Written by Jens Kjeldgaard-Christiansen
This post argues that the modern video game bears a unique affinity to contemporary convergence culture. Recognizing this affinity will improve our understanding of the video game as well as the media culture framing it. The post opens by discussing Henry Jenkins’ conception of convergence culture and by locating the video game in this dynamic media economy. It moves on to present three arguments supporting the main claims above. First, the video game is a kind of meta-medium comprising other, convergent media. Conceptualizing it as such will help theorists go beyond reductionist perspectives on what the video game is and does. Second, the modern video game allows for an unprecedented degree of transmedia coordination through the implementation of downloadable content. Third, transmedia storytelling is increasingly explored in video games. The medium channels trends in convergence culture whereby audiences traverse storyworlds on multiple platforms.
In his influential book Convergence Culture, media theorist Henry Jenkins argued that we should understand the mediascape of the 21st century as multifariously convergent in ways that span “technological, industrial, cultural, and social changes depending on who’s speaking and what they think they are talking about” (Jenkins 2006, 3). This convergence can be appreciated from at least three perspectives. From a technological perspective, the digitization of media content means that many forms of content are accessible through a range of multipurpose-devices, each potentially adding to the experience (Jenkins 2006, 2011). From a top-down perspective, media conglomerates expand and consolidate their positions through the horizontal integration of media sectors. This allows them to coordinate and integrate content in synergistic ways, and, in the case of the entertainment industry, benefit more fully from fans’ investment in transmedia storyworlds (Jenkins 2006; S. Murray 2008). Finally, from a bottom-up perspective, the same dedication motivates media-agnostic audiences to engage with transmedia franchises on multiple platforms (Bourdaa 2013; Jenkins 2006).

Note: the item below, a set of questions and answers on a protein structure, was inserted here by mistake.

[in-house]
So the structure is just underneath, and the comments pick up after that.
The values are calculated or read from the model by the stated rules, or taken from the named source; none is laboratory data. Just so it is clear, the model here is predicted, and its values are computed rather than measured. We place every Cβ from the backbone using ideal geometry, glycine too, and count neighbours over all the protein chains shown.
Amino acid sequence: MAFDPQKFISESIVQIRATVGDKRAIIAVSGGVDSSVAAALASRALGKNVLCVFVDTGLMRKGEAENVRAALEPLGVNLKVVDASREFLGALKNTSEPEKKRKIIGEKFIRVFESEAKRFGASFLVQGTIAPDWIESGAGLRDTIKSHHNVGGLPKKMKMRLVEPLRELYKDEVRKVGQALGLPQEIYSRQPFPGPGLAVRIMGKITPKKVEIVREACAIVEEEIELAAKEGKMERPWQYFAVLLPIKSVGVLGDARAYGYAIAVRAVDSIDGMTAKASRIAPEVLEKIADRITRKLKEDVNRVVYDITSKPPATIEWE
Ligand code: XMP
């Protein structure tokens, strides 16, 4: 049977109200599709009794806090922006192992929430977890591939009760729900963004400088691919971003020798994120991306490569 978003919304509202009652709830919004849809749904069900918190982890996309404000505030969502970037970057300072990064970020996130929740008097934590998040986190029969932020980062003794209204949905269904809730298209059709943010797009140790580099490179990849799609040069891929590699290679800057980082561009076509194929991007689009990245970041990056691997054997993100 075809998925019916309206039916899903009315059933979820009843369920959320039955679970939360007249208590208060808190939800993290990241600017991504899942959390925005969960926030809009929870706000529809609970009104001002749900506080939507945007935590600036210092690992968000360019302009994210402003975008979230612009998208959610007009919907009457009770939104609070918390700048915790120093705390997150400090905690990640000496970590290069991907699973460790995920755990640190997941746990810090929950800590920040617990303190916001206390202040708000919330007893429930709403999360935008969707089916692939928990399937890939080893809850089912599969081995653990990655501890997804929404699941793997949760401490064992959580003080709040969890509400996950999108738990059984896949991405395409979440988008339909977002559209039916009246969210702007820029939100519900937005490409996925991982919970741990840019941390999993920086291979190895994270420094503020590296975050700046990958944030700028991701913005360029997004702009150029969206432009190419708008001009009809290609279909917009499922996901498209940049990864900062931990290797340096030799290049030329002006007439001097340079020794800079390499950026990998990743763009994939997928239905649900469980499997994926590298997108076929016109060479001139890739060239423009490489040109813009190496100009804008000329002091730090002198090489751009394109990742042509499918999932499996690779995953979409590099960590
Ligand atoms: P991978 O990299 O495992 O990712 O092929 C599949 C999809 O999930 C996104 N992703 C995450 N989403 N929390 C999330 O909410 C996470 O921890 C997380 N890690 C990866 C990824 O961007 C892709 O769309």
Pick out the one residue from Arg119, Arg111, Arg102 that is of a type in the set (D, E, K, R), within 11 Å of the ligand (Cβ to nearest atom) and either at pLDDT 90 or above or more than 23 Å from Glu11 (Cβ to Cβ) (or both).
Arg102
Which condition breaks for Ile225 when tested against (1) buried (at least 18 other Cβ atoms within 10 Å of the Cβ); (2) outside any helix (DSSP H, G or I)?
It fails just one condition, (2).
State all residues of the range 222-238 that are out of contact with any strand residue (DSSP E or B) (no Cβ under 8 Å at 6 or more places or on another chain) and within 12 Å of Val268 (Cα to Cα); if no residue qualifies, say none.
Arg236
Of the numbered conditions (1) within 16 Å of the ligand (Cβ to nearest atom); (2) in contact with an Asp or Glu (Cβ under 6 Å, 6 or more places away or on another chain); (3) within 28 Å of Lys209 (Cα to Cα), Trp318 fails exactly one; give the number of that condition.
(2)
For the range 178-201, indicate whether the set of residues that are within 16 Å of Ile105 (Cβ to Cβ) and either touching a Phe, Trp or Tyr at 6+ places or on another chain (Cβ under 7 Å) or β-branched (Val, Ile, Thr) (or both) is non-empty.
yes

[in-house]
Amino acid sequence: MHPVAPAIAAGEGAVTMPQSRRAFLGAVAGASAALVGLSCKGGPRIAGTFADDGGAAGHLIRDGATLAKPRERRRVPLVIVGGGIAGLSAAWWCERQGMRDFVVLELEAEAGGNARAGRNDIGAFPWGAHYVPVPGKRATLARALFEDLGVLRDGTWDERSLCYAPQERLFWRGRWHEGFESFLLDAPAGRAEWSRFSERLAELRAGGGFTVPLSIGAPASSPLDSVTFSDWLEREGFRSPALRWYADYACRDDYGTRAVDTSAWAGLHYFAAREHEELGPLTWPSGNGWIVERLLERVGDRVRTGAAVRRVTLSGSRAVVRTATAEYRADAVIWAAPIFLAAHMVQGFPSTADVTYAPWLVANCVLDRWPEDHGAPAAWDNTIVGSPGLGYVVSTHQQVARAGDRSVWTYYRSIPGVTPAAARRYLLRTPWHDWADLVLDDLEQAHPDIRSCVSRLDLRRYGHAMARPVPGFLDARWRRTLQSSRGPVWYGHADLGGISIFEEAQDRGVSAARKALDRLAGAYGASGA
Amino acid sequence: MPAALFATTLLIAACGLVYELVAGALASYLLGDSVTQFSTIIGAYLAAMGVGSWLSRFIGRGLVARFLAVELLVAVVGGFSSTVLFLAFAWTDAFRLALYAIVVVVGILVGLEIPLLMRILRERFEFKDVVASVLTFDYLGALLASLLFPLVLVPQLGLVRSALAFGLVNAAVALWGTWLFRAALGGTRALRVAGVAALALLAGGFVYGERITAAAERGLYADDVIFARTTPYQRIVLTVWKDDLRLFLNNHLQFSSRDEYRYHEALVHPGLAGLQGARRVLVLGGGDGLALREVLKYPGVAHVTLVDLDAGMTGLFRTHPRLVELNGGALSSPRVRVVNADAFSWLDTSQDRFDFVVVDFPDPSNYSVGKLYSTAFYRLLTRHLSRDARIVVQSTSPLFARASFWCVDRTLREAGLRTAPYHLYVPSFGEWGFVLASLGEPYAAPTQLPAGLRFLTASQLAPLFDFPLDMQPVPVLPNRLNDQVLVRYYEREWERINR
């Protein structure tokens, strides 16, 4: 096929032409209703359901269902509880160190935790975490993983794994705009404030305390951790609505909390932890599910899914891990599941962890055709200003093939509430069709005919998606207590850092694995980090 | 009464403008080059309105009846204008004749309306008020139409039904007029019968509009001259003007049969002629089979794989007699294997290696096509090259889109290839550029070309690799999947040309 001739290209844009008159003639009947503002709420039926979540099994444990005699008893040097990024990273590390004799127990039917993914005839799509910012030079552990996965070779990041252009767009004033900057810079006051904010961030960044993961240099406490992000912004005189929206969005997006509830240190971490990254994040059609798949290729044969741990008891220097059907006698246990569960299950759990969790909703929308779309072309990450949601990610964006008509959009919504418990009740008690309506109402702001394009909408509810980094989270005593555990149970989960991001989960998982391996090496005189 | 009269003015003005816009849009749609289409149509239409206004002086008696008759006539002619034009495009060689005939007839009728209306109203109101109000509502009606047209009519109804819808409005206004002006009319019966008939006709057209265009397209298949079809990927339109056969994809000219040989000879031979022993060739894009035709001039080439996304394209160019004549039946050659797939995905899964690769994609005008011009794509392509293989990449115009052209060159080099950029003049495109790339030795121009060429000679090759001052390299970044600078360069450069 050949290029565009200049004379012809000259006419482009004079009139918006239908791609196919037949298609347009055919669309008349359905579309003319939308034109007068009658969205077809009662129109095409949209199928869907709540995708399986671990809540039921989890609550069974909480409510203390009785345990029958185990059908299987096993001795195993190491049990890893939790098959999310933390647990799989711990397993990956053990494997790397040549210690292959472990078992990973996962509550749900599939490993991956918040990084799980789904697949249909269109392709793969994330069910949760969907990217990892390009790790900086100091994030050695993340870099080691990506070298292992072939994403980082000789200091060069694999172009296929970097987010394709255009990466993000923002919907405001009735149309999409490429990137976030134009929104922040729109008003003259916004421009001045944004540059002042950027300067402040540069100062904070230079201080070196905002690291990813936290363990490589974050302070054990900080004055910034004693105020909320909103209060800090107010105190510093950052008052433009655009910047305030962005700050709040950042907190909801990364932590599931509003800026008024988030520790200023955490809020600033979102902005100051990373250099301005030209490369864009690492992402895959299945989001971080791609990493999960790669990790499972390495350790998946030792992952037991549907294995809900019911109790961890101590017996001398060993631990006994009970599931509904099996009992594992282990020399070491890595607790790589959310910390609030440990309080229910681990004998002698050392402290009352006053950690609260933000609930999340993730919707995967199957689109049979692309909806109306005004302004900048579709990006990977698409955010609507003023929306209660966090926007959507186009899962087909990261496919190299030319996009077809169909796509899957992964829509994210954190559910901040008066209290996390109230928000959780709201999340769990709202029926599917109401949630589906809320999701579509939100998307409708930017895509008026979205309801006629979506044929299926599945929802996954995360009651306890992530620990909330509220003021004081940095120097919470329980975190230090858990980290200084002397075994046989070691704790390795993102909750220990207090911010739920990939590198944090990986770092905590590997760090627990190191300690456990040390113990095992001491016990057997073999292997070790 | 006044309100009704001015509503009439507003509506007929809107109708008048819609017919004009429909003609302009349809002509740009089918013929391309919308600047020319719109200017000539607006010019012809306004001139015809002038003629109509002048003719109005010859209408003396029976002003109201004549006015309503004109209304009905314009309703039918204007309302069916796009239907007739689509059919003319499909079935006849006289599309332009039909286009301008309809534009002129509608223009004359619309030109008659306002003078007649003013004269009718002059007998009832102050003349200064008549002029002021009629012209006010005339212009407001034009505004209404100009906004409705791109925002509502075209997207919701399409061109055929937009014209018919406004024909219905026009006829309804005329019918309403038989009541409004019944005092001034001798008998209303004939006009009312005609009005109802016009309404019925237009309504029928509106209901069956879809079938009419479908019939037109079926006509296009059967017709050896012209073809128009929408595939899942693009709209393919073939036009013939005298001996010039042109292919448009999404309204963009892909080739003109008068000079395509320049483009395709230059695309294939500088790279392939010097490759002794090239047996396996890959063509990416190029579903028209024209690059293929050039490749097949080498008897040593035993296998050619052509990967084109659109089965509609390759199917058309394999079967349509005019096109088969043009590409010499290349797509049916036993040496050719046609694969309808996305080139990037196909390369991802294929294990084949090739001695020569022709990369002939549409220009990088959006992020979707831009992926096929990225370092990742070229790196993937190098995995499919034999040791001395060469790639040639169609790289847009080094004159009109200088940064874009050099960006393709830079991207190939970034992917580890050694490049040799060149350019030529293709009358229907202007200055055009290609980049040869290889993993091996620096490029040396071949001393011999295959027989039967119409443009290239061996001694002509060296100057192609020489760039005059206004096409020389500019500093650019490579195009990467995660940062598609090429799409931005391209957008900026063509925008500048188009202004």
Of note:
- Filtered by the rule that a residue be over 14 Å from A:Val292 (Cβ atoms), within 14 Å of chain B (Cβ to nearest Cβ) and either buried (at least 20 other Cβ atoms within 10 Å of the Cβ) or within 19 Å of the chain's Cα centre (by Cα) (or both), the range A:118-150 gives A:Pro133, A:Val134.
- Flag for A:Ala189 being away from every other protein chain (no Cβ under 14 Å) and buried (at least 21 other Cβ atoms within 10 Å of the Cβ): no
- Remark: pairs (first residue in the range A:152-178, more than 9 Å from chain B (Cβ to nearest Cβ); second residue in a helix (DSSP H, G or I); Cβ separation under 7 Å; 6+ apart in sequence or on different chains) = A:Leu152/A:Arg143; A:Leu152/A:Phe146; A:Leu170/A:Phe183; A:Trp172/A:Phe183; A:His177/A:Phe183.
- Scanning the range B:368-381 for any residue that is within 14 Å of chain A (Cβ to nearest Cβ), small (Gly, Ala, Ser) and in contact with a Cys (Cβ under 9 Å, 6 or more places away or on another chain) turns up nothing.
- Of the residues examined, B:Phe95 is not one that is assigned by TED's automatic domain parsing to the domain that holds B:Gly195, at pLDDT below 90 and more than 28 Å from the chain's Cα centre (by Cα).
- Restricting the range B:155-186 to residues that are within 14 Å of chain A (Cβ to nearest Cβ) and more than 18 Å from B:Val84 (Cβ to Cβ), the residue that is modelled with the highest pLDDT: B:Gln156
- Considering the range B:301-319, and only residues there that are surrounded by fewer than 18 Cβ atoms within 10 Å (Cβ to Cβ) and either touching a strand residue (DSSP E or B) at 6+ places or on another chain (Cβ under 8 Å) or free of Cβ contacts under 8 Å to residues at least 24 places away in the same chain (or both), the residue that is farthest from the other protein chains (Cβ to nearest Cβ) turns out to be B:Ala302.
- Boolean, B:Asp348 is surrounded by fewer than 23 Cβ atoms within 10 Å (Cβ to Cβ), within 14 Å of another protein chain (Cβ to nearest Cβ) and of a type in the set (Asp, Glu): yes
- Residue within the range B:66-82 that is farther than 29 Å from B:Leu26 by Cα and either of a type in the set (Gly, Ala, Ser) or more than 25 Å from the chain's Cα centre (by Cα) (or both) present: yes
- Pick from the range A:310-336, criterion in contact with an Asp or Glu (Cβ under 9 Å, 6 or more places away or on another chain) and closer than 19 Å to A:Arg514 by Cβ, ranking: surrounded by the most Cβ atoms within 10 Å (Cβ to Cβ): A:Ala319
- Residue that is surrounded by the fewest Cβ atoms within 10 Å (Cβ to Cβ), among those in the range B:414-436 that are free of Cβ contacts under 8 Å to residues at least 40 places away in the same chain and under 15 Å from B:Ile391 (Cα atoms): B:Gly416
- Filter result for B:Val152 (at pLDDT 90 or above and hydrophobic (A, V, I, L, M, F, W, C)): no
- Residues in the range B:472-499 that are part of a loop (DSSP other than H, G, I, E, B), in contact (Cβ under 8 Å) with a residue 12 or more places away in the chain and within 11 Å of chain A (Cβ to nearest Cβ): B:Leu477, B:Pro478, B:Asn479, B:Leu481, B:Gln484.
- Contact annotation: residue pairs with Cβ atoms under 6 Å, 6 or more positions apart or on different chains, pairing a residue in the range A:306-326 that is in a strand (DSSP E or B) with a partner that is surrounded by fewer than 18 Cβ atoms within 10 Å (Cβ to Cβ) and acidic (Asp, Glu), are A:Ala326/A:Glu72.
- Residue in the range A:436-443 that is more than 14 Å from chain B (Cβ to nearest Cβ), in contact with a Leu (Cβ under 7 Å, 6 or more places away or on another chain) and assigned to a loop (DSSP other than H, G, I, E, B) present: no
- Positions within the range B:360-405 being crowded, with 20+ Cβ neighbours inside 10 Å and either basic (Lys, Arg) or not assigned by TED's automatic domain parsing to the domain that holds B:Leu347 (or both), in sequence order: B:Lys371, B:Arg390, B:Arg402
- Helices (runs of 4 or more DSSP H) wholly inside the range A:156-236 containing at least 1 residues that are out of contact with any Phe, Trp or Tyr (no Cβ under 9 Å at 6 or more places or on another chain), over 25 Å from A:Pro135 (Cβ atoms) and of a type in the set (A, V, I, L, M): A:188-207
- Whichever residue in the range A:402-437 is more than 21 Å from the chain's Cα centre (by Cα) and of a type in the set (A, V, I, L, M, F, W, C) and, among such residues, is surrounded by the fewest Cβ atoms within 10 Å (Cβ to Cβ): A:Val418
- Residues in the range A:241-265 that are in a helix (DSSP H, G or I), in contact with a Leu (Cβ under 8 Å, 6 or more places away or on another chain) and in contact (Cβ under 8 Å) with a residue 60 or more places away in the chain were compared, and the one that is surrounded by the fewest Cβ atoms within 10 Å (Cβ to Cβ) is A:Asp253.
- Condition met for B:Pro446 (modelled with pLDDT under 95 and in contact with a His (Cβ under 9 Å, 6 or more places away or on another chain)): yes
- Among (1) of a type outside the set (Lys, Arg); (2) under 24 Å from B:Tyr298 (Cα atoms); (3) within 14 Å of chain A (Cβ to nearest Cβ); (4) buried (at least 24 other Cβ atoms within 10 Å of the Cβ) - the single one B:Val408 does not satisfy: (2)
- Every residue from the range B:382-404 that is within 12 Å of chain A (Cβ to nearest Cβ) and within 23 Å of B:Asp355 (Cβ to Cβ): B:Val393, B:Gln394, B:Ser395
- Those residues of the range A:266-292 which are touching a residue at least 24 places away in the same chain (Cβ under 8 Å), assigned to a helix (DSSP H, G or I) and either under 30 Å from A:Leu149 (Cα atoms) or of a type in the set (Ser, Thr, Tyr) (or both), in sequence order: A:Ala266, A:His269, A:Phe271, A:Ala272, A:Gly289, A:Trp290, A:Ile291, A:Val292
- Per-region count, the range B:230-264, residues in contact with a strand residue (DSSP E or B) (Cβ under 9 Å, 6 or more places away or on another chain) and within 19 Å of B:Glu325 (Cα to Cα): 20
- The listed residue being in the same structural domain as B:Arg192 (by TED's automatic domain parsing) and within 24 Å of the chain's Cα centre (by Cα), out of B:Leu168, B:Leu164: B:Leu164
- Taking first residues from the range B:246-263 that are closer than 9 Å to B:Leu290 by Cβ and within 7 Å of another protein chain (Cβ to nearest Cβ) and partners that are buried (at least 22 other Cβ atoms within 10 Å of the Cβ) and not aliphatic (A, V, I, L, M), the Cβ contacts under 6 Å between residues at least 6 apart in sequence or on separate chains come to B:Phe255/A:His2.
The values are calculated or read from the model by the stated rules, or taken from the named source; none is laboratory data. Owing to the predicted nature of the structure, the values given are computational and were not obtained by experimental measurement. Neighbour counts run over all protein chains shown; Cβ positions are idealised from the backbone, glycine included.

It is in this cultural crucible that I locate the video game. The entertainment platform frames a convergence of old and new media and modes of media use.
As game theorist Jesper Juul explains, the video game is essentially a state machine made of two things: rules and narrative (2005). These two categories, in turn, may subsume the building blocks of other media (Ip 2008). For instance, video games may implement rule-based structures that form the basis of otherwise very different cultural forms, as was the case when Blizzard Entertainment adopted the structure of the card game Magic: The Gathering (Garfield 1993) for its own digital card game, Hearthstone (2014). From the narrative side of the binary, games draw on everything from cinematographic conventions in their cut scenes to basic narratological structures canonized through oral traditions and literature. The video game, then, may channel other media. The converse is often not true. You cannot build a video game into a movie. The traditional novel cannot accommodate reader agency in shaping the plot. This general observation illustrates a unique affinity between today’s convergence culture and the video game as both a cause and an effect of that culture. The medium is best understood as a space in which old and new media collide and interact in new ways. In the remainder of this post, I will present three arguments supporting this contention—one for each of the above-mentioned perspectives on convergence culture.
A Technological Perspective: The Video Game as a Meta-Medium
“The most ambitious promise of the new narrative medium is its potential for telling stories about whole systems.”
- Janet H. Murray (1999, 280)
“[Video games] can’t be read as texts or listened to as music, they must be played.”
- Espen Aarseth (2001)
Conceptualizing the video game as a site of technological convergence may put an end to unproductive debates about video game ontology. I am referring here to the so-called ludology versus narratology debates. Theorists caught in this dispute vie for theoretical privilege in declaring the video game either a vehicle of play or a vehicle of storytelling. Ludologists hold that the video game is not about storytelling (Aarseth 2001; Juul 2001). They point out that you can design a video game that is entirely without narrative ‘overlay.’ Narratologists counter that, even if narrative does not feature as an essential property of the concept ‘video game,’ games are, as a matter of fact, built around stories (Ip 2011; J. Murray 1999). They are therefore open to the narratological organon. The object of this debate seems to be to determine, a priori, which theoretical toolset will let researchers get at what the medium is really about.
When we see the video game as a composite of converging media technologies, the debate seems confused. The individual video game is best understood as a nested hierarchy of other media, with a narrative emerging from the configuration of these other media. For example, the interactive game as a whole tells a story, which may be conveyed partly through filmic prerendered cutscenes, which, in turn, may feature music. If this be admitted—and in a video game series such as Metal Gear Solid (Konami 1998-) it seems a matter of empirical fact—we avoid the fallacy of equating part with whole or whole with part. We also bring some conceptual clarity and productive explanatory pluralism to the field. In his influential book Cybertext (1997), game theorist Espen Aarseth noted the difficulties in matching the medium to any single theoretical framework, but he did not move on to draw the conclusion that I submit here: layered complexity defines the video game as a cultural form.